Australian banks buckle to pressure over scams and vow to block transfers to suspect accounts | Banking

Australian banks have buckled under pressure and will do more to fight scams by introducing technology that will block customers from transferring money to some fraudulent accounts.

The banks had initially resisted calls – including from the Australian Competition and Consumer Commission (ACCC) and the Consumer Action Law Centre (Calc) – to block transfers if the name and bank details of the recipient did not match.

A similar measure was introduced in the UK in 2020 and it resulted in a 35% reduction in misdirected payments in the first year.

Consumer advocates said Friday’s announcement by the banks was a “huge” step that would help stop millions of scams annually. But they also want the Australian government to implement “the final piece of the puzzle” by following the UK again and requiring banks to reimburse victims.

This year Australians have lost more than $400m to scams, although the ACCC believes the real figure is likely much higher given many victims don’t report their losses.

Australian banks on Friday announced they would join forces to launch a new scam-safe accord, which would include a $100m investment in a new “confirmation of payee” system to be rolled out across the sector.

Confirmation of payee will help reduce scams by ensuring people can confirm they are transferring money to the person they intend to. Customers should expect more warnings and delays when paying someone new or increasing payment limits, the banks said.

Currently, PayID in Australia puts the onus on the consumer to check the payment is not being misdirected.

To prevent misuse of accounts through identity fraud, all banks will improve technology and controls, and introduce unique identification measures known as biometric checks when opening new accounts.

With 15.4bn transactions worth $2.5tn every year across the banking sector, the design of an industry-wide payee confirmation system would be a major undertaking, the Australian Banking Association said.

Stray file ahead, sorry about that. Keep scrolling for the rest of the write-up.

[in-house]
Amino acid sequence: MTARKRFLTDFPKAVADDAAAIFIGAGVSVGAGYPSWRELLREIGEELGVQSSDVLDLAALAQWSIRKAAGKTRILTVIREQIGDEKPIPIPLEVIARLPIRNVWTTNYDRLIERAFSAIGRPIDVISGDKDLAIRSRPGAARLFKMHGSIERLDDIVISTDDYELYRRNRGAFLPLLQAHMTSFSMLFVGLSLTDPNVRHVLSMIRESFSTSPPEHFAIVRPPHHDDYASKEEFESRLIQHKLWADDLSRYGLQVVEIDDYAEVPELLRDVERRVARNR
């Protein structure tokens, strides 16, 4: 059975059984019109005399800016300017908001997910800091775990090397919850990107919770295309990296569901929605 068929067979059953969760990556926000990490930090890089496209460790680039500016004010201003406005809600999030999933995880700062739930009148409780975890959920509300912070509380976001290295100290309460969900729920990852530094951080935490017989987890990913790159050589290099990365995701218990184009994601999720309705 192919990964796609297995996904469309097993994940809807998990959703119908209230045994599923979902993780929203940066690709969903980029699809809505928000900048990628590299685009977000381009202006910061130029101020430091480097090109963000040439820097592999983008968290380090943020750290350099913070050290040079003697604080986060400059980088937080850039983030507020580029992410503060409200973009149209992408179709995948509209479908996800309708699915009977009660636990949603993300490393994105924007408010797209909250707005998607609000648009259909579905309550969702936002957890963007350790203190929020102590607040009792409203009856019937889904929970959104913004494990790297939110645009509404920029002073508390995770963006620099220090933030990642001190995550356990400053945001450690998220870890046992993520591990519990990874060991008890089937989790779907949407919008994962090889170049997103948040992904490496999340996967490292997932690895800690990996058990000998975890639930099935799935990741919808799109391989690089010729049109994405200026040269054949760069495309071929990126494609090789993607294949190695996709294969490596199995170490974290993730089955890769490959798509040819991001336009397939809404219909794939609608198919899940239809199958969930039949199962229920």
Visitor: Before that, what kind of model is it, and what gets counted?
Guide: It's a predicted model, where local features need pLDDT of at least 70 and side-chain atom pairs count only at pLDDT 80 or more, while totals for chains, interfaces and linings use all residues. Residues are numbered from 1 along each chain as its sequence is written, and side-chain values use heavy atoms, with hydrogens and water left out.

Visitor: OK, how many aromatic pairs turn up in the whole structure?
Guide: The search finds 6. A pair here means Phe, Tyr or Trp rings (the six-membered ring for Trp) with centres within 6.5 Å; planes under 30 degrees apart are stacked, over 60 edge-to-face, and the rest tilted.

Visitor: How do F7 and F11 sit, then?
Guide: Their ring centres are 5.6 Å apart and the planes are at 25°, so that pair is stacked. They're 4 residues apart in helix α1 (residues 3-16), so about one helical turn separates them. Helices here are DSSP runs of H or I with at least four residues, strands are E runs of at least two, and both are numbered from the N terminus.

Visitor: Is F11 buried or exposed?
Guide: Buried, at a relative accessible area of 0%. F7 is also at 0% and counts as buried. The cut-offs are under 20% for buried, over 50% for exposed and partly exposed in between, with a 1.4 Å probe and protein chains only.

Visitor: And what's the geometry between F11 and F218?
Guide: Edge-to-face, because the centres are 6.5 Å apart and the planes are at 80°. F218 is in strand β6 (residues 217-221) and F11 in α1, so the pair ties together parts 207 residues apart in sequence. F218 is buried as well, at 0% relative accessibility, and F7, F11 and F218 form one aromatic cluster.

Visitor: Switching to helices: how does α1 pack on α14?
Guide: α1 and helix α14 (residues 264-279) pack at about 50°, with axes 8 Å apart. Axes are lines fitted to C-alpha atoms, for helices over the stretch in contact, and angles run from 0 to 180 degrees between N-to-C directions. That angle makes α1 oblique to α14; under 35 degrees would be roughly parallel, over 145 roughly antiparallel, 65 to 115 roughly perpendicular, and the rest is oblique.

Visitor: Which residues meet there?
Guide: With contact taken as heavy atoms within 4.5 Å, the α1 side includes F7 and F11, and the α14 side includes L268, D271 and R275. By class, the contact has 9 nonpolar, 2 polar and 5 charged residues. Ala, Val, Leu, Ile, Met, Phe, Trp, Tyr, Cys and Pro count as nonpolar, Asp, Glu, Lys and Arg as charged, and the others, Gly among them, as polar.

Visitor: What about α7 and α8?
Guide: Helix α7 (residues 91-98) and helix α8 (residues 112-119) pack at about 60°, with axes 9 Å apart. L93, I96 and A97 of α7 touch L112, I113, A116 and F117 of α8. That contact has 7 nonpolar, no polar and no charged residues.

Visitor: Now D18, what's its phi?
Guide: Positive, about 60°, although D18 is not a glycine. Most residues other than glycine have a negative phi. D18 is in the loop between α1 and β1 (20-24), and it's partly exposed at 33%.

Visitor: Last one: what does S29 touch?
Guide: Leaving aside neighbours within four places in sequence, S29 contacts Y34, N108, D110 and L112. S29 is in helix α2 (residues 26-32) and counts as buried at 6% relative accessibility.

Work would commence immediately with the system rolled out over 2024 and 2025.

Stephanie Tonkin, the Calc chief executive, said the reform would make “a huge difference” but called on the government to introduce “mandatory codes, setting out a high bar on liability for scam losses”.

“Inevitably, some [scams] are going to fall through the gaps. And scammers will continue to innovate, unfortunately,” she said on Friday. “So we’re calling for a high bar for mandatory reimbursement to be the final piece of the puzzle included in the regulation.”

Anna Bligh, the CEO of the Australian Bankers Association.
Anna Bligh, the CEO of the Australian Bankers Association. Photograph: Mike Bowers/The Guardian

The ABA chief executive, Anna Bligh, said the scam accord was “a new offensive in the war on scams”.

“It reflects the banking sector’s unwavering commitment to safeguarding every Australian,” Bligh said. “It outlines the actions every bank will take to protect Australian consumers and small businesses and to harden the system against scams.”

Bligh said recent data showed banks were able to retrieve “$600m in stolen funds” last year.

To keep up this effort it is critical that government, banks, telcos, social media and crypto platforms work together as part of an ecosystem to stay one step ahead of sophisticated criminal gangs,” the former Queensland premier said.

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